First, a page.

In this way, both government officials and citizens are protected. If the law is not clearly established, then the court should dismiss the case against the government official. If the law was clearly established, then the claim against the government official should go forward, and summary judgment should be denied.

Furthermore, recognizing that the clearly established law question turns on the law at the time of the incident, the district court must consider the law “in light of the specific context of the case, not as a broad general proposition․” Saucier v. Katz, 533 U.S. 194, 201, 121 S.Ct. 2151, 2156, 150 L.Ed.2d 272 (2001). In other words, the facts of the case before the court must be materially similar to the facts in the precedent that clearly establishes the deprivation. Marsh v. Butler, 268 F.3d 1014, 1032 (11th Cir.2001) (en banc), abrogated on other grounds, Bell Atl. Corp. v. Twombly, 550 U.S. 544, 127 S.Ct. 1955, 167 L.Ed.2d 929 (2007). To be clearly established, the precedent must give officials clear warning of unconstitutional conduct. Id.

In considering the law to do this analysis, the district court should compare the facts of the case before the court that allege a constitutional deprivation with those cases that the party opposing the motion contends show the clearly established nature of the law. As this Court has explained:

For qualified immunity purposes, a pre-existing precedent is materially similar to the circumstances facing the official when the specific circumstances facing the official are enough like the facts in the precedent that no reasonable, similarly situated official could believe that the factual differences between the precedent and the circumstances facing the official might make a difference to the conclusion about whether the official's conduct was lawful or unlawful, in the light of the precedent. Thus, every fact need not be identical. Minor variations in some facts (the precedent lacks arguably significant fact or contains an additional arguably significant fact not in the circumstances now facing the official) might be very important and, therefore, be able to make the circumstances facing an official materially different than the pre-existing precedents, leaving the law applicable—in the circumstances facing the official—not clearly established when the defendant acted.” Id.

Furthermore, the court cannot consider just any case law to decide if a right was clearly established. Only binding opinions from the United States Supreme Court, the Eleventh Circuit Court of Appeals, and the highest court in the state where the action is filed, can serve as precedent for this analysis. McClish v. Nugent, 483 F.3d 1231, 1237 (11th Cir.2007). The salient question for this case, therefore, is whether the state of the law on August 11, 2008 gave Adkisson fair warning that his treatment of Merricks was unconstitutional. Hope v. Pelzer, 536 U.S. 730, 741, 122 S.Ct. 2508, 2516, 153 L.Ed.2d 666 (2002).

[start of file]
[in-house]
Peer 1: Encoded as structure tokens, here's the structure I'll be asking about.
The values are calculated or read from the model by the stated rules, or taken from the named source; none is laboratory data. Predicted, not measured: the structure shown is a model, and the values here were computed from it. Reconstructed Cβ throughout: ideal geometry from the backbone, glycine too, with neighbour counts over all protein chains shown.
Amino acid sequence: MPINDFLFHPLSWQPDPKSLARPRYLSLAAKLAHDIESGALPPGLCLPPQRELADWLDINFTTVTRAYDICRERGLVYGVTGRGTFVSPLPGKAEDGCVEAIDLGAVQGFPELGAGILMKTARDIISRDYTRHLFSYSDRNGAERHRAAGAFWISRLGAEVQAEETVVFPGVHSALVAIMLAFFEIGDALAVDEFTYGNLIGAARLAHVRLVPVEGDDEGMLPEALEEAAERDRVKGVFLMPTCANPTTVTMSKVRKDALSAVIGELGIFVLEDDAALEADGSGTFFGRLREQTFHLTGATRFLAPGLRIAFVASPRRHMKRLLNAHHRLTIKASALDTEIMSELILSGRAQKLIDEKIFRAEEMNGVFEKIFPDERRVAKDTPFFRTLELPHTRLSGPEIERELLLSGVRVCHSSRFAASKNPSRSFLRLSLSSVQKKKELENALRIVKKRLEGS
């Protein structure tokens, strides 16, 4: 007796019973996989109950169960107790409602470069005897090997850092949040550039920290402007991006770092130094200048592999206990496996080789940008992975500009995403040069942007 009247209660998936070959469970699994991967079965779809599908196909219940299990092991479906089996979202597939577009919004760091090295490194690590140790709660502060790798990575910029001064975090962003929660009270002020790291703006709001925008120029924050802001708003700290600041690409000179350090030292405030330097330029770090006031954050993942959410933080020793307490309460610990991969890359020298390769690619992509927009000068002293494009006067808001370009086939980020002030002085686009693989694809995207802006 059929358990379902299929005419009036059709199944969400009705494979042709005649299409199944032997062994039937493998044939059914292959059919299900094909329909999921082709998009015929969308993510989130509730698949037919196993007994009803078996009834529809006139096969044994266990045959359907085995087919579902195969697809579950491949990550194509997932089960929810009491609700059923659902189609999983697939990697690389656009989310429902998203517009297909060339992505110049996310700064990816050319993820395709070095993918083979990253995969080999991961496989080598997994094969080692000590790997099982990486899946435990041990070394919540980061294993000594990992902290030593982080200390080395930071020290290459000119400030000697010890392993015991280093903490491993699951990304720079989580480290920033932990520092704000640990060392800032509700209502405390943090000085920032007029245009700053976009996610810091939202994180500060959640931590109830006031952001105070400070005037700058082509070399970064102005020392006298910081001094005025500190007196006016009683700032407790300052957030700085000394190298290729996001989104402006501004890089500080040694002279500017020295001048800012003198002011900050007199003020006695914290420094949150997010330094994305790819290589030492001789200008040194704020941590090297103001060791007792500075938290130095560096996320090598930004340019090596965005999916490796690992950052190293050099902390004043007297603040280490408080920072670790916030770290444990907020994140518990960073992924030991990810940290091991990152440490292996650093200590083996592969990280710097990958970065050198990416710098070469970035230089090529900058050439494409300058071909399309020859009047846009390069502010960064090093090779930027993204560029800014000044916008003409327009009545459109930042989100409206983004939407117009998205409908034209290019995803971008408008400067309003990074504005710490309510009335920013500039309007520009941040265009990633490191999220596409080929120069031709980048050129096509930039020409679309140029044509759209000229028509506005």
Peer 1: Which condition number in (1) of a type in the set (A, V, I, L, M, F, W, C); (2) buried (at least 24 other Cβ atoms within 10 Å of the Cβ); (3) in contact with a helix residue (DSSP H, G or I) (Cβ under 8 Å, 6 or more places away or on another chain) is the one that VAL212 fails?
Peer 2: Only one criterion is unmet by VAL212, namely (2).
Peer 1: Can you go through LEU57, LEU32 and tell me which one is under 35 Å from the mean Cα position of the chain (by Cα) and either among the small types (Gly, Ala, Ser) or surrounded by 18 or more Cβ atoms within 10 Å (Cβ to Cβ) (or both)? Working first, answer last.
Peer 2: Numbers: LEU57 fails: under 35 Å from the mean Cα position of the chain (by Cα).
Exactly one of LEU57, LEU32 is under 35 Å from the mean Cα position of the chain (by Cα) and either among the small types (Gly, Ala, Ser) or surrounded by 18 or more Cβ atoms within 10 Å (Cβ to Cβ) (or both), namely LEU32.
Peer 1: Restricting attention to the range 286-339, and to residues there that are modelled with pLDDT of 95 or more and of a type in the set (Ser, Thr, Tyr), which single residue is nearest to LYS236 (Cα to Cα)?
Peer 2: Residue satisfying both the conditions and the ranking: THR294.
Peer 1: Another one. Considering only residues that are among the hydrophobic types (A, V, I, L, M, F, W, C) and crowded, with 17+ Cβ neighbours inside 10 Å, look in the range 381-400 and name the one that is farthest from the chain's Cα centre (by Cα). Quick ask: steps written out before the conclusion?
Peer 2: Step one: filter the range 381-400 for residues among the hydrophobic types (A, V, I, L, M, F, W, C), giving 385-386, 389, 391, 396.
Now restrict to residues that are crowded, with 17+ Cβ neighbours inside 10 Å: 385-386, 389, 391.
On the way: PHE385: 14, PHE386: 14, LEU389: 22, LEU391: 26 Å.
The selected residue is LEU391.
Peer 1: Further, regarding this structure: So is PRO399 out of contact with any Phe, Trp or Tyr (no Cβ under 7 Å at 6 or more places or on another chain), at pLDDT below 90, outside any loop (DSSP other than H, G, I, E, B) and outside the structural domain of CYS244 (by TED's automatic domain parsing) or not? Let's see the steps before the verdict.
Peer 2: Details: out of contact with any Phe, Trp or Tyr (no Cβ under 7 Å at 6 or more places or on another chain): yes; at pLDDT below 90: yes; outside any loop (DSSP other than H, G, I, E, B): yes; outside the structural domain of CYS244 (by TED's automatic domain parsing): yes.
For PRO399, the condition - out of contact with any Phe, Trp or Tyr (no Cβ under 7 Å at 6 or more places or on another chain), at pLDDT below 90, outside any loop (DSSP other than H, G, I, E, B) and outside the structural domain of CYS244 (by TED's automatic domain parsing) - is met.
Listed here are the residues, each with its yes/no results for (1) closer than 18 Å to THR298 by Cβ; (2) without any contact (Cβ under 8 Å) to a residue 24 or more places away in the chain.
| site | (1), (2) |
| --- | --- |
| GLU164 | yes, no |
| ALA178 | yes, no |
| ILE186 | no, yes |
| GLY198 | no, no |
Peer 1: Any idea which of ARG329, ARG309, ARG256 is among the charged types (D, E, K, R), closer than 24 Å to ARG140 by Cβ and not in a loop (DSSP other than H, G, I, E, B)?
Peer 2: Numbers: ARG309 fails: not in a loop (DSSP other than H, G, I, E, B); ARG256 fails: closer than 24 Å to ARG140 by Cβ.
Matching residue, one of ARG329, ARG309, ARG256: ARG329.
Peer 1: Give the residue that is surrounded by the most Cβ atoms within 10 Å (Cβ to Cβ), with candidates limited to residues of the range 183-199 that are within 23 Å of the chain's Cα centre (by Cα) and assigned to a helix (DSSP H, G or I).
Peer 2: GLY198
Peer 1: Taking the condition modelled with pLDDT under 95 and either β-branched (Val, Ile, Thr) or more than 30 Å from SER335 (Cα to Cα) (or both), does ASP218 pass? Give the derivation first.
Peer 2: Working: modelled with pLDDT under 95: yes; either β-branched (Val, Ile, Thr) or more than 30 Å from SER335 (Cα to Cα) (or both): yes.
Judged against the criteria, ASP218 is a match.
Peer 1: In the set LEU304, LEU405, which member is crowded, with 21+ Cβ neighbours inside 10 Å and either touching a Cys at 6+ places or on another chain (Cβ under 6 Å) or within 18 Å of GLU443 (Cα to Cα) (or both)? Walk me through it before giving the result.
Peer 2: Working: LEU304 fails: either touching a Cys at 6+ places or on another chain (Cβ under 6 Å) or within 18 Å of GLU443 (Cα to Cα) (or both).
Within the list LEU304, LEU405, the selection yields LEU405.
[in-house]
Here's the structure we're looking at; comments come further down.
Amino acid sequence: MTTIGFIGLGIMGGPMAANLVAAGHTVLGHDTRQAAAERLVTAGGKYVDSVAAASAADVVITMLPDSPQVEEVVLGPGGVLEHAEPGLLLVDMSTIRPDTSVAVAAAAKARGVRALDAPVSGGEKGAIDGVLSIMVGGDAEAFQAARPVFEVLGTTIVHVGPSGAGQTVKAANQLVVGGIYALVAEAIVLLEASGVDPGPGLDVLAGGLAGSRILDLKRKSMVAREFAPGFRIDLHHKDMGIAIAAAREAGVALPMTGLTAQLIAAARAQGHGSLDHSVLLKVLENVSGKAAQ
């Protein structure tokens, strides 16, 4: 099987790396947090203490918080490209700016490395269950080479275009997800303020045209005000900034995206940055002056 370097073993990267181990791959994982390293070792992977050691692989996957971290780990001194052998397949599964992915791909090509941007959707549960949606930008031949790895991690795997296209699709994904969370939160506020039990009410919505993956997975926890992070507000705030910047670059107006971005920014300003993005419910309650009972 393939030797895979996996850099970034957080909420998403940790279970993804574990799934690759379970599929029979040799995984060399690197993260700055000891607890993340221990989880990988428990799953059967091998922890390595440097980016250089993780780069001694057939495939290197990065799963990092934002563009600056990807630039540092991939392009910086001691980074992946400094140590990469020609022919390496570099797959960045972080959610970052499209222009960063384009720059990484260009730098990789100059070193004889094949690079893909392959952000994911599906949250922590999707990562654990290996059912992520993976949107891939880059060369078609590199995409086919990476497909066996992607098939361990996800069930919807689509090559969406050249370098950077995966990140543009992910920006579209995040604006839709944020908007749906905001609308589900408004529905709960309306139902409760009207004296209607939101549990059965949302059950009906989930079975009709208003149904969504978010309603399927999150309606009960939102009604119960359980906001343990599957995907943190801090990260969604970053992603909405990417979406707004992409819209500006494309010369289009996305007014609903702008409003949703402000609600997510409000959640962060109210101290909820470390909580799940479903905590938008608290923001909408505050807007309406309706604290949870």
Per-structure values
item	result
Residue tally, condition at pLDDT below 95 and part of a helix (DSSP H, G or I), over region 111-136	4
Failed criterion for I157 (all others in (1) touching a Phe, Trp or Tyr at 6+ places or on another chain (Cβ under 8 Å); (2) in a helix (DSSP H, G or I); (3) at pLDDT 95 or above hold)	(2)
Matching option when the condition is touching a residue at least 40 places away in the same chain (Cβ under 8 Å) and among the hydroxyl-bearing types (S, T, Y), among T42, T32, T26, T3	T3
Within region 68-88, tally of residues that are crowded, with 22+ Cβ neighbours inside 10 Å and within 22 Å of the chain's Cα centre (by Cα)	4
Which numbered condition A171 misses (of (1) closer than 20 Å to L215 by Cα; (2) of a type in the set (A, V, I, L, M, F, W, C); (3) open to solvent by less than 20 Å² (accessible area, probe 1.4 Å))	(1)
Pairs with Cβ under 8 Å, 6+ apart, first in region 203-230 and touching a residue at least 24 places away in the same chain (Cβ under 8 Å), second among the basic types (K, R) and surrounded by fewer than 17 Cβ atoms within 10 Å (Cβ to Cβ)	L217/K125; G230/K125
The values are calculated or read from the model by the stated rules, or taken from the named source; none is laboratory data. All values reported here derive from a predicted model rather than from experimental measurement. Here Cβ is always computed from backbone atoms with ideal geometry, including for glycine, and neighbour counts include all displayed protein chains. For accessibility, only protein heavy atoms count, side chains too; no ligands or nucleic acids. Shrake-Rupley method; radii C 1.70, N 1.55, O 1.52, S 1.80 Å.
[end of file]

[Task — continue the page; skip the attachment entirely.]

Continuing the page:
Finally, and very important for this case, “[o]nce the defendant public official satisfies his burden of moving forward with the evidence, the burden shifts to the plaintiff to show lack of good faith on the defendant's part. This burden is met by proof demonstrating that the defendant public official's actions ‘violated clearly established constitutional law.” ’ Rich v. Dollar, 841 F .3d 1558, 1564 (11th Cir.1988) (quoting Zeigler v. Jackson, 716 F.2d 847 (11th Cir.1983)). The record and case authority show that Merricks has failed to carry this burden.

Note that in ruling on this case, we will not decide if Adkisson's actions against Merricks amount to a constitutional violation for excessive force against her. Rather, the Court will only consider the clearly established law question as authorized by Pearson v. Callahan, 555 U.S. 223, 129 S.Ct. 808, 172 L.Ed.2d 565 (2009).

V. Discussion

It is undisputed that Adkisson lawfully stopped Merricks based on a suspected window tint violation. It is also undisputed that he had the right to search her car.3 And although Merricks at first cooperated with Adkisson by providing her license and registration, when he told her that he was going to search her car, her cooperation abruptly ended. Confrontation started. Three times she told him that he could not search her car. She kept the car running and obstructed him from taking the keys out of the ignition. A scuffle ensued over the keys. She struggled with Adkisson to keep him from taking control of her and her Dodge Avenger. As a consequence, he tried to jerk her out of the car. Because she had on her seat belt, he had to jerk her arm twice. That was the only physical force he used against her. Moreover, this stop, struggle, and search occurred in a neighborhood known for violence and drug crime.

In view of these undisputed facts, we have a law enforcement officer with probable cause to search a car, who finds himself in a struggle with the driver. The car is still running, which threatened the officer's safety and enhanced the driver's opportunity to flee.4 She did not submit to the search. She did not cooperate in the search. Rather, she struggled with a law enforcement officer trying to search for contraband. Once she did submit, meaning after he got her out of the car, he did nothing more to her other than put her in the back of his patrol car to keep her from leaving. He did not handcuff her. He only used force twice trying to jerk her out of the driver's seat. He never beat her, struck her with his fists, pepper sprayed her, or kicked her. In essence, Adkisson had the right to search her car, but Merricks would not let him.